September 8, 2009 2 Comments
Have just been watching C4’s brave 102 Minutes That Changed America – most of it anyway, it was very tough viewing.
The cameraman was camera operators seemed to be at times very intrusive, and actually seemed to infuriate people, but he they did what was best in documenting some very sombre and terrifying moments. People, covered in dust and debris, would wave their hands as if to say I’ve been in there, fuck off with your camera, and against their sensitivities managed to catch both their anger and their vulnerabilities. The viewer asks themselves the important question, definitely on the lips of those commissioning the programme; is watching this programme not tantamount to voyeurism, or, should I be watching these terrified people in their terror climaxes?
The answer should be no, but what is posterity worth? When Kevin Carter, the nobel prize winning photographer, was asked about filming South African necklacing – the act of filling a rubber tyre with petrol, placing it round a victims neck and setting on fire – he replied;
“I was appalled at what they were doing. I was appalled at what I was doing. But then people started talking about those pictures… then I felt that maybe my actions hadn’t been at all bad. Being a witness to something this horrible wasn’t necessarily such a bad thing to do.”
It was in 1993 that Carter took the photograph of a small girl in famine ridden Sudan, that took him to the long road of depression. What should a photographer do, should s/he attempt to help the subject, does art trump life, what moral proximity does the artist have towards his or her subject if any, and should this jeopardise his or her art or commitment.
It was these questions, and many more that Carter suffered before he took his own life by taping one end of a hose to his pickup truck’s exhaust pipe and running the other end to the passenger-side window, eventually dying at the age of 33.
Robert Capa, the Spanish civil war photographer famous for his photograph Loyalist Militiaman at the Moment of Death, was held in very high esteem for his very graphic and personal display of the other war against fascism. This year a Spanish professor, José Manuel Susperregui, published a book titled Shadows of Photography, which demonstrated that Capa’s photograph could not have been taken where it was alleged to have been, using separate photographic evidence.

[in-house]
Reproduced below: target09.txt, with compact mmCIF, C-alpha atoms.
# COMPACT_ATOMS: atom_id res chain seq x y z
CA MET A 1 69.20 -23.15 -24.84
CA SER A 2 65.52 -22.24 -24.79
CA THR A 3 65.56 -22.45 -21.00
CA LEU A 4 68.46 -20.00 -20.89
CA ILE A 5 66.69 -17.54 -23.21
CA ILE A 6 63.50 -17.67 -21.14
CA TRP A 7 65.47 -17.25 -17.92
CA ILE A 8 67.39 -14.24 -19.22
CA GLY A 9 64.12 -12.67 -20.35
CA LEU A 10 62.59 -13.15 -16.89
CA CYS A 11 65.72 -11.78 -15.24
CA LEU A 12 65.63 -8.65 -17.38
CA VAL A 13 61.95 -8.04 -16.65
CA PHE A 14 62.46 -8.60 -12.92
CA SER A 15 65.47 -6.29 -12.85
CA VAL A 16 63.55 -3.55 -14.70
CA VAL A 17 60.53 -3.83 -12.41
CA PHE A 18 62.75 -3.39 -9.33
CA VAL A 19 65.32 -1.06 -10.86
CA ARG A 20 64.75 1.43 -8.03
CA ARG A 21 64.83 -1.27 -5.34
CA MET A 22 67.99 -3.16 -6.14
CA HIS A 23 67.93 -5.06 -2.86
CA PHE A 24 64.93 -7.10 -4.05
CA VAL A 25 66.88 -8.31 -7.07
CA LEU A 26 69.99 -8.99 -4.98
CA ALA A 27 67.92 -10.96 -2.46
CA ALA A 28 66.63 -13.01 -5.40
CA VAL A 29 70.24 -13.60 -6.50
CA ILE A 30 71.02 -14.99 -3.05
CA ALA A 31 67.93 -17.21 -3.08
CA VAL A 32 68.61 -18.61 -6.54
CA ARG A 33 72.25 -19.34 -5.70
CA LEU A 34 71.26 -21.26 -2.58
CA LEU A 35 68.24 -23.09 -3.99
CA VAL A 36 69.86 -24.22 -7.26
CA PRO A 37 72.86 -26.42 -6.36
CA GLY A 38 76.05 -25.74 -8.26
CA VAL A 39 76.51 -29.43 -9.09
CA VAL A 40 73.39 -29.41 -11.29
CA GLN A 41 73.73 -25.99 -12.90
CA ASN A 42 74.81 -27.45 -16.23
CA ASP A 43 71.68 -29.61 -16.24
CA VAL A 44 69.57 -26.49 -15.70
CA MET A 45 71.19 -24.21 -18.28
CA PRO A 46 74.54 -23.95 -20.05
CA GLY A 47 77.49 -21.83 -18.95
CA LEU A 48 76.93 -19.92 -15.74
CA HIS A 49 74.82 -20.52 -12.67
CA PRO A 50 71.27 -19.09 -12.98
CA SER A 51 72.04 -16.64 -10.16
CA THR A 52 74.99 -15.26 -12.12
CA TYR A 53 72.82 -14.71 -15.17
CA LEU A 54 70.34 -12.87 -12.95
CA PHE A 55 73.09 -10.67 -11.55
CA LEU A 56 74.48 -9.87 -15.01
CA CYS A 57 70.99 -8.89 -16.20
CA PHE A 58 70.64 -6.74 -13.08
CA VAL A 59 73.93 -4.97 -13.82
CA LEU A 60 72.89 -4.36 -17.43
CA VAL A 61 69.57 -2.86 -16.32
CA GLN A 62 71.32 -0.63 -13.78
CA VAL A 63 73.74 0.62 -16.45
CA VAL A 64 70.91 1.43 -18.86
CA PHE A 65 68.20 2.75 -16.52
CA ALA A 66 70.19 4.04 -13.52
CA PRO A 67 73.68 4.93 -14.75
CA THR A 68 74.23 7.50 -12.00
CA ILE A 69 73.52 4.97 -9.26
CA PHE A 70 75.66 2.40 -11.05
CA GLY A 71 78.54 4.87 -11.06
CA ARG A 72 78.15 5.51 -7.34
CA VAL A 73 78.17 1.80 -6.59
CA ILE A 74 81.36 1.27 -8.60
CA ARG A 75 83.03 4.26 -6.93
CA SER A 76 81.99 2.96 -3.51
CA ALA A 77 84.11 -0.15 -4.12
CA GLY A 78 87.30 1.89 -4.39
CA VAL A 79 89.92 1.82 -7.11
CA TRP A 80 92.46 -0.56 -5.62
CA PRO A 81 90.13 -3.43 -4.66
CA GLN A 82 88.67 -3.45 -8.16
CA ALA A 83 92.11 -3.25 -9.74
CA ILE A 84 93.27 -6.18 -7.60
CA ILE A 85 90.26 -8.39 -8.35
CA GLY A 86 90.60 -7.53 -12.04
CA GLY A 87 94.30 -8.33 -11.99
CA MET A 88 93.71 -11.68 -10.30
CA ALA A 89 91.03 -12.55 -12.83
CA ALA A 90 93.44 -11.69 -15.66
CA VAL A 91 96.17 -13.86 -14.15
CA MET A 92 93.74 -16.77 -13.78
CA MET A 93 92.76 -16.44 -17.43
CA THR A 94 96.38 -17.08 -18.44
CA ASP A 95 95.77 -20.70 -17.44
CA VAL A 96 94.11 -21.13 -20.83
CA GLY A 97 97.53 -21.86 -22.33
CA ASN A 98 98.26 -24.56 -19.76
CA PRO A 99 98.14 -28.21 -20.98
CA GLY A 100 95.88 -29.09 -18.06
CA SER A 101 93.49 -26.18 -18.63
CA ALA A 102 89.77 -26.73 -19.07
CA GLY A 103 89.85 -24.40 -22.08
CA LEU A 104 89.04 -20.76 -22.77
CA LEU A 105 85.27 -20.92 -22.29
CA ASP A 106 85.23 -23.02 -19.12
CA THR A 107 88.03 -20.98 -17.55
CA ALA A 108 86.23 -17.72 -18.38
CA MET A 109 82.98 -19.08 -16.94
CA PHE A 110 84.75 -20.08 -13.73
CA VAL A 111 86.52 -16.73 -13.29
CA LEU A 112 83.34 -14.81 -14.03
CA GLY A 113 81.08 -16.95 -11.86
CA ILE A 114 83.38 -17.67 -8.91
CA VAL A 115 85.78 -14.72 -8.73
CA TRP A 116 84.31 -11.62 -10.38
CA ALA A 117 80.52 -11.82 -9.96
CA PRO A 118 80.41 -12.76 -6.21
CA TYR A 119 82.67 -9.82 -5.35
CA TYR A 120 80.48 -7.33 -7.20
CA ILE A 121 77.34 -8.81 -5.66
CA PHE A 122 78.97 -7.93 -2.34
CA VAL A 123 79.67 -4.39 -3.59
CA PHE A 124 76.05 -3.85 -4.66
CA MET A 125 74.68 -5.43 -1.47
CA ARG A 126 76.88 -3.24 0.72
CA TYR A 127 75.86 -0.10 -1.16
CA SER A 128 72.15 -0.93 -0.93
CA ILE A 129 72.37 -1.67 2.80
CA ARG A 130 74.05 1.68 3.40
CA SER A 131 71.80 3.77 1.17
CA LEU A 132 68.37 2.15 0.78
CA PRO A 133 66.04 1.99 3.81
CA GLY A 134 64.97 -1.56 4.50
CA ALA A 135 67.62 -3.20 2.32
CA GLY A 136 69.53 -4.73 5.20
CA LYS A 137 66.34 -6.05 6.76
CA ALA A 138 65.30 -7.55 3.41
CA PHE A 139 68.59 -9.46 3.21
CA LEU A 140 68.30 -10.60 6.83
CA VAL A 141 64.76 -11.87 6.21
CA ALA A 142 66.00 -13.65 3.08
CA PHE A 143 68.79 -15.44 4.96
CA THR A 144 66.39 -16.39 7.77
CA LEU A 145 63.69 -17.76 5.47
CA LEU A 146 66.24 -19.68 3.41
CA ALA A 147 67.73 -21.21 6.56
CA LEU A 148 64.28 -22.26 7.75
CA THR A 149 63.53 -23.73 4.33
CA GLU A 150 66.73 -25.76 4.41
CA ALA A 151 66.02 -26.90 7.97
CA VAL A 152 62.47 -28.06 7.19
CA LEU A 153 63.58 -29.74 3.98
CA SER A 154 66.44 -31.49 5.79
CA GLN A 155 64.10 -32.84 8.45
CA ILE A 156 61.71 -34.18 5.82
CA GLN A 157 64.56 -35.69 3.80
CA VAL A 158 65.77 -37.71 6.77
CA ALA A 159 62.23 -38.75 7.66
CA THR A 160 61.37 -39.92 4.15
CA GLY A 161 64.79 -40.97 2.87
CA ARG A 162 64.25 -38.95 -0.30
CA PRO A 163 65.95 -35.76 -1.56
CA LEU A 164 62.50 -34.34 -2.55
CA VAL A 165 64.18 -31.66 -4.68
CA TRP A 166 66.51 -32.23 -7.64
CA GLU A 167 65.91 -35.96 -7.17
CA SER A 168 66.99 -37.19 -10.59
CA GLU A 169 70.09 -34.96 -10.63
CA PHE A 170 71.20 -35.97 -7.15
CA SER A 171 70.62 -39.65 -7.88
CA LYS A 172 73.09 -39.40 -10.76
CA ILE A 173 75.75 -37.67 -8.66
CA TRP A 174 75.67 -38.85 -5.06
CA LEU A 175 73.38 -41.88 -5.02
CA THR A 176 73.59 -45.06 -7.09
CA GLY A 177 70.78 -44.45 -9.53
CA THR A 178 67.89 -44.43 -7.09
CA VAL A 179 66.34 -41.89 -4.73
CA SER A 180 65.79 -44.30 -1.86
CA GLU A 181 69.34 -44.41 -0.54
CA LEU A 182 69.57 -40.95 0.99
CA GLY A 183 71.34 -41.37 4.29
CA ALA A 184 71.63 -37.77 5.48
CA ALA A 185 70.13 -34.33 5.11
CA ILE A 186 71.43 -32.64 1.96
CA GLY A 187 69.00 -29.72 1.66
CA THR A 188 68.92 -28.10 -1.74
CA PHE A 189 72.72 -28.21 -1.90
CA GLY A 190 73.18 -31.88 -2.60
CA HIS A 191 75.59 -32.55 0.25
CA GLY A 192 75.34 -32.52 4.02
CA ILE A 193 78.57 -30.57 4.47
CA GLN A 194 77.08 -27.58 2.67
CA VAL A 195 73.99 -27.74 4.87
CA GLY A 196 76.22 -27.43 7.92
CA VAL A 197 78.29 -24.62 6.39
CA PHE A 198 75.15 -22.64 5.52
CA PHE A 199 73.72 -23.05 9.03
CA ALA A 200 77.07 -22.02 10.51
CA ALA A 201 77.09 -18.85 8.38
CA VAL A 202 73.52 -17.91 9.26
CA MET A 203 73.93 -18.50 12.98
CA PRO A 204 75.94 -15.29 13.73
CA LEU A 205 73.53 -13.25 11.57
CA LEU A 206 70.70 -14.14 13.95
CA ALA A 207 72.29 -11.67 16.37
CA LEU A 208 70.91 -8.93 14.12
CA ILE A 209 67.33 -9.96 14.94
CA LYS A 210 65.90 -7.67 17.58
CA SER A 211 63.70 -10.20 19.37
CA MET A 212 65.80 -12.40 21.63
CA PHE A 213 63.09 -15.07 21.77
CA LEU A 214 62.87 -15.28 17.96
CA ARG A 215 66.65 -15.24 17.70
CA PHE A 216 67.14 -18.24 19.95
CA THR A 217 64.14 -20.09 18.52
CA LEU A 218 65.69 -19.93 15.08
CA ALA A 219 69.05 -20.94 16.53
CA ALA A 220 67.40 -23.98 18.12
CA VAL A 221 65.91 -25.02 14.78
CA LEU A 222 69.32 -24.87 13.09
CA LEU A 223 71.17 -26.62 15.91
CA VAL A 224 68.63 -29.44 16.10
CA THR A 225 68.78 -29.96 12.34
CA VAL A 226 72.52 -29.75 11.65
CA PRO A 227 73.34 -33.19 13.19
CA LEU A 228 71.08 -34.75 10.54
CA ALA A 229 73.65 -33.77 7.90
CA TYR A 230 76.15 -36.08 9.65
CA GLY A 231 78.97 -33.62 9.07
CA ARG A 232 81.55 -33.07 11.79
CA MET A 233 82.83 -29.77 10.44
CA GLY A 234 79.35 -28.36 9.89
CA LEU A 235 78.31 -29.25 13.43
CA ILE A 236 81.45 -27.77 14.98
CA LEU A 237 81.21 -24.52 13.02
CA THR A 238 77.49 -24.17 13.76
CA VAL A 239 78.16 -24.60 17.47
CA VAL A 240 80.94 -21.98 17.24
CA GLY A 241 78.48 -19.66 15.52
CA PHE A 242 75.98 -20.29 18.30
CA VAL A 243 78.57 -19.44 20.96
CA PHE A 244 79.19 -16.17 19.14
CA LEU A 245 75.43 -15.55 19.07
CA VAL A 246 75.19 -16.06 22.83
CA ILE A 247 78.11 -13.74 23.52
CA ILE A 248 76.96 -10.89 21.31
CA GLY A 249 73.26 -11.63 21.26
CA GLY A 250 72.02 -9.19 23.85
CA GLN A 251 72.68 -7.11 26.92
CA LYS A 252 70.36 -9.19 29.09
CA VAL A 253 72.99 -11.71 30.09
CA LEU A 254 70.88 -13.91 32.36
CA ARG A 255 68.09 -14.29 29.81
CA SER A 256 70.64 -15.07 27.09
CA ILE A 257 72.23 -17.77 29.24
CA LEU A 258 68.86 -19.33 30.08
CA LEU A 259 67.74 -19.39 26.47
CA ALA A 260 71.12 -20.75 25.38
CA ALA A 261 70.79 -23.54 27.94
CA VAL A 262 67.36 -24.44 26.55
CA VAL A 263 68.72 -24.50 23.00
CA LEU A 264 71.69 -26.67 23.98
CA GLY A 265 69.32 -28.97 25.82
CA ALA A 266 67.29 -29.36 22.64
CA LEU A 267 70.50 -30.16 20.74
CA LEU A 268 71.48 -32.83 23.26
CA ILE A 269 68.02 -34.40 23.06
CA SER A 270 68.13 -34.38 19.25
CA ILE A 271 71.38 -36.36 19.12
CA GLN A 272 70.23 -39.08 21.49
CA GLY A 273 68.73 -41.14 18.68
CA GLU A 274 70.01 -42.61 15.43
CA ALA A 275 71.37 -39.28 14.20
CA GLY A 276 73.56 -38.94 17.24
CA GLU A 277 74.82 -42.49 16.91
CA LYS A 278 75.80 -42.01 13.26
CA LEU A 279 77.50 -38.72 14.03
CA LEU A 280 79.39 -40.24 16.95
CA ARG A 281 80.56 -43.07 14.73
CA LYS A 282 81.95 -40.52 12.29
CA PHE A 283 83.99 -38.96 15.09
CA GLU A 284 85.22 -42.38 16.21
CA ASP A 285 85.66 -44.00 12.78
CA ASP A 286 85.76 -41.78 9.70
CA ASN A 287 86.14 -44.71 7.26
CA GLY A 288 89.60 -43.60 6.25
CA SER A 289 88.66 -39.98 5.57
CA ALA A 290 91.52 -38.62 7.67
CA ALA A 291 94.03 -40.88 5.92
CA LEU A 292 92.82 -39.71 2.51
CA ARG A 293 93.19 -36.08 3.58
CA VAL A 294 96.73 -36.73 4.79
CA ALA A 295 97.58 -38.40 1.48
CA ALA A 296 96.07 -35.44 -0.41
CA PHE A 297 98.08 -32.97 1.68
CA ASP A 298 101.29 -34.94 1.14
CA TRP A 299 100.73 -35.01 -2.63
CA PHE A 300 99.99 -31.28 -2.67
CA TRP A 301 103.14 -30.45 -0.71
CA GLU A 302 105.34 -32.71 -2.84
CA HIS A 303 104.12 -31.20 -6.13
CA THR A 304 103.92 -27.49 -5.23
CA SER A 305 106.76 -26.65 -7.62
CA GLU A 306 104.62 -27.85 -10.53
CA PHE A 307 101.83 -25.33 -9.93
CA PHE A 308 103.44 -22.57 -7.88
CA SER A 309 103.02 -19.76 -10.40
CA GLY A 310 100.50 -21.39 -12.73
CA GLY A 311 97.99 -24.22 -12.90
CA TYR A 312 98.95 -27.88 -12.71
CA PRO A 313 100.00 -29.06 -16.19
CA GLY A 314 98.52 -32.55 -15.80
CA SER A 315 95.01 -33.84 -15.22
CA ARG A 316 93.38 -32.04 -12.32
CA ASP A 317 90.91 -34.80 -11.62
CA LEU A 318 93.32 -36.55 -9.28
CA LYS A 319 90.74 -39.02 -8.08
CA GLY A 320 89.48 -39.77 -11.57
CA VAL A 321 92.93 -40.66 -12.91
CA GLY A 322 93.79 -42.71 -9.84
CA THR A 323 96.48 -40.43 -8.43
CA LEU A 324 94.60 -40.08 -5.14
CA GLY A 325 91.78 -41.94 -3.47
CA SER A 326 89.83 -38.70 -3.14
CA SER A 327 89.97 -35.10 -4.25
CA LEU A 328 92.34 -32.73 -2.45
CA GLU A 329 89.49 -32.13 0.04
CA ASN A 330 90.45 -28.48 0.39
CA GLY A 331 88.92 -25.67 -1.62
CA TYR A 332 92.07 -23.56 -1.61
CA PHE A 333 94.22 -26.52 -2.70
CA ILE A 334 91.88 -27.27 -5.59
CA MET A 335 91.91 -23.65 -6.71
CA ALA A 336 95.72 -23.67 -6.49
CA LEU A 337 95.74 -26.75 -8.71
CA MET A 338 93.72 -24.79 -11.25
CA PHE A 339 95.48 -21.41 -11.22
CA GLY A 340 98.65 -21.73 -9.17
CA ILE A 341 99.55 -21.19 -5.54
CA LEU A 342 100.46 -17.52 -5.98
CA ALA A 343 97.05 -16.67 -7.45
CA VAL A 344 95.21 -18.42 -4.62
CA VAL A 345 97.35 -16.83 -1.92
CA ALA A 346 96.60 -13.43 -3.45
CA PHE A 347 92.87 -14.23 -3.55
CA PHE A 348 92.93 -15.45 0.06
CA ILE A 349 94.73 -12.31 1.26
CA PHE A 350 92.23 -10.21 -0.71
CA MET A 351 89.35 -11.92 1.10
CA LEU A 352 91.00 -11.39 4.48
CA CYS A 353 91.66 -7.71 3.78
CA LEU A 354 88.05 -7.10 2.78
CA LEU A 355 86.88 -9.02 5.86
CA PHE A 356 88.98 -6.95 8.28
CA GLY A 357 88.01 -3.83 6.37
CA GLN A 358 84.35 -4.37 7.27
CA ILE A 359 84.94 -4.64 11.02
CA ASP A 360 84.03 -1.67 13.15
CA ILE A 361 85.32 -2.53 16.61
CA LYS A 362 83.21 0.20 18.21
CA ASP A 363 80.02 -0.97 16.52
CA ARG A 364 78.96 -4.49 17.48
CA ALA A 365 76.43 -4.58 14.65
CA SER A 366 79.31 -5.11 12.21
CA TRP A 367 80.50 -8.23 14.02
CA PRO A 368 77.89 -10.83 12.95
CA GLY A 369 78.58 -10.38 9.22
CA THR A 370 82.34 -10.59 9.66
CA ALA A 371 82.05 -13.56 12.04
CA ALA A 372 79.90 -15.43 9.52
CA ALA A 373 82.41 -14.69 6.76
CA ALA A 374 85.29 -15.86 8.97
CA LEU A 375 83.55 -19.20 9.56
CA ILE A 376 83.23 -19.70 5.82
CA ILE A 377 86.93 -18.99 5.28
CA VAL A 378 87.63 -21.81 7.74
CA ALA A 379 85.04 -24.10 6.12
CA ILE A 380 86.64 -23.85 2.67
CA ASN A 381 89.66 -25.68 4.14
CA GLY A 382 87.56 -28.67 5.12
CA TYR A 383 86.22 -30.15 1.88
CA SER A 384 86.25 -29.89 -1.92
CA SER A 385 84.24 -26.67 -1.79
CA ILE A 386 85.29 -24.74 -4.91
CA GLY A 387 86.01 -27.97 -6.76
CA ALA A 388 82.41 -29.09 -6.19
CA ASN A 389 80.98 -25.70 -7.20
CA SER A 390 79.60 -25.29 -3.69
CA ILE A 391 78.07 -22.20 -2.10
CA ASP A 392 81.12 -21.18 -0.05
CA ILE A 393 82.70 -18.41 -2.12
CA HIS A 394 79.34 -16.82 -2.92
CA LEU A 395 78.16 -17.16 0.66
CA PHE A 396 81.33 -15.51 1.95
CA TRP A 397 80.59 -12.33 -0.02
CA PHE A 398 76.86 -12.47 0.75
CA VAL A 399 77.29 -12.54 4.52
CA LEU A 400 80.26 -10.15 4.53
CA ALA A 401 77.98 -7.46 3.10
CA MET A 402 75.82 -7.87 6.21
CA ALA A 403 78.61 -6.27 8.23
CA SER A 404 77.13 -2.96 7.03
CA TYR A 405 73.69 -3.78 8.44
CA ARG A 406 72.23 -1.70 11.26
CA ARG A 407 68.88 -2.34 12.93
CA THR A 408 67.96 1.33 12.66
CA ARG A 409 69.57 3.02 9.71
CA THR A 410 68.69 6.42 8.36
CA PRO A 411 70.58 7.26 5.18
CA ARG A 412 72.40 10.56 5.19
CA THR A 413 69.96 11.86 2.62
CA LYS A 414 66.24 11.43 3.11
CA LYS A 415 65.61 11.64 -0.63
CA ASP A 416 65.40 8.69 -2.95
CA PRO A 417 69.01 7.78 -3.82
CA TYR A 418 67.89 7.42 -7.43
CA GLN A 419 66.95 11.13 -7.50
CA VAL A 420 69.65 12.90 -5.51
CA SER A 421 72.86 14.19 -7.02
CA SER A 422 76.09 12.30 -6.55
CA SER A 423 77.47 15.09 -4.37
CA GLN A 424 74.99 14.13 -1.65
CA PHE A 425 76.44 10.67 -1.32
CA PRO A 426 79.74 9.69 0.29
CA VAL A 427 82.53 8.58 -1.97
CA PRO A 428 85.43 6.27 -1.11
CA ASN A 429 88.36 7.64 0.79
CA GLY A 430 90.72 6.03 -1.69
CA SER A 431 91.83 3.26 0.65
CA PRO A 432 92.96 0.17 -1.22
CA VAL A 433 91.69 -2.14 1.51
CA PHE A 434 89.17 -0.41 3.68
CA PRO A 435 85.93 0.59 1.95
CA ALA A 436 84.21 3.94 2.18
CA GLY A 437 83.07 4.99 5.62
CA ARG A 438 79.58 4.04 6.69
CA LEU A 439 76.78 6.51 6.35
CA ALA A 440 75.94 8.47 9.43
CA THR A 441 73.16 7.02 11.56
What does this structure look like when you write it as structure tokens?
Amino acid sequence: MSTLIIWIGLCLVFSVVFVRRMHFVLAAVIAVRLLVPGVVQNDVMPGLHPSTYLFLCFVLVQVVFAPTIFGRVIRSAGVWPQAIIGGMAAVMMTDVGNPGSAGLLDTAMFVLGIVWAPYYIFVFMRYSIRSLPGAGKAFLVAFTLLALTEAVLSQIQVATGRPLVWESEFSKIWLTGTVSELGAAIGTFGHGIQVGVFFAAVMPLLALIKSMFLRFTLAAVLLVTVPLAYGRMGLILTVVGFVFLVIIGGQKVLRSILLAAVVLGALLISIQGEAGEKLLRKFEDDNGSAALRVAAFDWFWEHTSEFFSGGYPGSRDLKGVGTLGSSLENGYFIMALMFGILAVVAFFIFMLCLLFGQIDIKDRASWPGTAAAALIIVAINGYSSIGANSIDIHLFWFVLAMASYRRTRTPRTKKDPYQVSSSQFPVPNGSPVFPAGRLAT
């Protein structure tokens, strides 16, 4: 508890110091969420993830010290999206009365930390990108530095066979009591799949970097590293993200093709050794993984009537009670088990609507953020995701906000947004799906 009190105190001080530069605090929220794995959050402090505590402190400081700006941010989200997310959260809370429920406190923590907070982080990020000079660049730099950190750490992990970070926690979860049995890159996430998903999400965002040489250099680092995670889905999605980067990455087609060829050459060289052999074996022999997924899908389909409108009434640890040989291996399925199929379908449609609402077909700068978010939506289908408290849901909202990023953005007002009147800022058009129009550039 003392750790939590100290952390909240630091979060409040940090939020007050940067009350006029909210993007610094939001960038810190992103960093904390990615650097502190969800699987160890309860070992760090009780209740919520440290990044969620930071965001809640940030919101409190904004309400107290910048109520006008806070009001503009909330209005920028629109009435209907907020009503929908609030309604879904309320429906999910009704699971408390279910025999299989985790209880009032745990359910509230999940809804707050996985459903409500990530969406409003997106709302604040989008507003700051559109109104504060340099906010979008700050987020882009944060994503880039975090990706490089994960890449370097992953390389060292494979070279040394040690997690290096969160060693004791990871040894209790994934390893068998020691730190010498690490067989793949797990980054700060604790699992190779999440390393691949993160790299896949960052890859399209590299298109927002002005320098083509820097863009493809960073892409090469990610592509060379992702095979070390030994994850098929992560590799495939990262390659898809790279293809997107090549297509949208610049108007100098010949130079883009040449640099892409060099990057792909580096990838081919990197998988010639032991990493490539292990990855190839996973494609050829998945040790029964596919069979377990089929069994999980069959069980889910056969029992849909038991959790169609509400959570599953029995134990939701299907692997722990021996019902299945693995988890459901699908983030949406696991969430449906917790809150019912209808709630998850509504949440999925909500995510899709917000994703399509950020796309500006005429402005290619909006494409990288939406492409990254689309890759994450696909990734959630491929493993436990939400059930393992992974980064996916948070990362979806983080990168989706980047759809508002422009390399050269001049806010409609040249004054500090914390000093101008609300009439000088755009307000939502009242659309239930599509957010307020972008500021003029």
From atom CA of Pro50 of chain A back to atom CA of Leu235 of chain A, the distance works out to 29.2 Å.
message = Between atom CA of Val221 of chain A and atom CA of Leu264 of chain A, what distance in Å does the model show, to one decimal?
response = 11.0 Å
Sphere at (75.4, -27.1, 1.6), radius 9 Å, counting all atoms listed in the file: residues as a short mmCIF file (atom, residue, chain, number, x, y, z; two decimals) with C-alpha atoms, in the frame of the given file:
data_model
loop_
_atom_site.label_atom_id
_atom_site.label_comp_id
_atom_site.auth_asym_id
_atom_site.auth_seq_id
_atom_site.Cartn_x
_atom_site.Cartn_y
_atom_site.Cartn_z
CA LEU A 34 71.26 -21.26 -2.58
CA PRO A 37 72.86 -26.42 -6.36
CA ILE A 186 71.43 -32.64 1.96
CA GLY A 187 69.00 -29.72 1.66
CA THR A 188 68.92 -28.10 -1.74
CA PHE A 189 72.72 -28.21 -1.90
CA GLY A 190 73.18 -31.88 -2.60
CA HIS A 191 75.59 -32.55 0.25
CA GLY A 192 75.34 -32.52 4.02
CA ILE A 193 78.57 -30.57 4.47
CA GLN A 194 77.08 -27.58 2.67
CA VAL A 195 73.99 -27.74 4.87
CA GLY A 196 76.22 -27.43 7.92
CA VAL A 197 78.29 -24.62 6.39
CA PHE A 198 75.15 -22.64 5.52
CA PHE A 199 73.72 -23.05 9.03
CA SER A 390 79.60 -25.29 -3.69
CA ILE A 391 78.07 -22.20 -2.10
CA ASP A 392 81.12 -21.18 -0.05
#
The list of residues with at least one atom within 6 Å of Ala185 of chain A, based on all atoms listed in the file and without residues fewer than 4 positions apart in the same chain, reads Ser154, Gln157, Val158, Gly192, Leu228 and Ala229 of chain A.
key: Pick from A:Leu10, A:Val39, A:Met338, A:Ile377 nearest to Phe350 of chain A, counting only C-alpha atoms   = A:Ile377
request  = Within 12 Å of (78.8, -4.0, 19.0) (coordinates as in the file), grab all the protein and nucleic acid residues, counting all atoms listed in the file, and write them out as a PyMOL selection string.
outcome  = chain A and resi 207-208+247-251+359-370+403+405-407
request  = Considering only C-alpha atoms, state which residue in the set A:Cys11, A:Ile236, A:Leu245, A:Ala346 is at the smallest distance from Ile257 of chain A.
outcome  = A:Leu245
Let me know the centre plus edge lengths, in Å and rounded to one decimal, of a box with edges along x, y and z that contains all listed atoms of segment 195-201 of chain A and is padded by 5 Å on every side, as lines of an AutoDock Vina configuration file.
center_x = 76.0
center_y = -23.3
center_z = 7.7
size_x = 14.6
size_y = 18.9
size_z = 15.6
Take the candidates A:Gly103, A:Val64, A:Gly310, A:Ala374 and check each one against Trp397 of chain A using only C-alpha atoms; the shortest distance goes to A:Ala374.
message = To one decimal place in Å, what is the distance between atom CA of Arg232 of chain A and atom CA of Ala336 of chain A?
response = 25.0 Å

Tough as it may be, sometimes, in order to save your corner, you have to come clean on your allies. In order to keep the Spanish Republican message alive, and by saving the right from using it to their advantage, the truth of Capa had to be released. Similarly, two Canadian documentary filmmakers were once making a film on Michael Moore, the leftwing polemicist, from a supportive bent. However, after weeks of specialising in the remit of Moore, soon realised that much of his work was born out fiction, covering his fiction behind the gonzo-esque, perverting the realm of the anti-war movement in America – which obviously needed all the support it could gather. The point of the filmmakers’ – Debbie Melnyk and Rick Caine – efforts could not have been better summed up by the title of their film; Manufacturing Dissent.
The above references – if they have any common theme – is to try and communicate a truth, even if using methods that don’t exactly weigh up as such. Kevin Carter’s profile as one who captures a truth haunted him until his dying day, Capa was willing to stage events in order to send a message across the world detailing the horrors of the evil Francoist regime – even if this event was fictitious. Sometimes the only way an artist can record the nearest representation to truth, is by recreating it, sometimes truth is not real enough. Perhaps Michael Moore could argue this case also, but two leftist documentarists were willing to spill the beans to save their corner.
These are the criteria for infiltrating the truth as it’s happening, for limiting ones own remit to that of the artist – the bearer of the potentially worldwide message – and not the saviour, or at least not in any immediate sense. Does Channel 4’s 9/11 documentary do just that? I’d risk saying not in this instance, the location shots seemed brave, and there was no fear of tweaking the truth of the events, only it seemed to mostly interfere. For what it’s worth, it did capture emotion fraught with fear, but did this hold the same weight as say Kevin Carter, or was it perversion, a glimpse at vulnerability for a public energised by action. I’d risk an accusation of the latter.
See also the discussion of this review over at The Third Estate here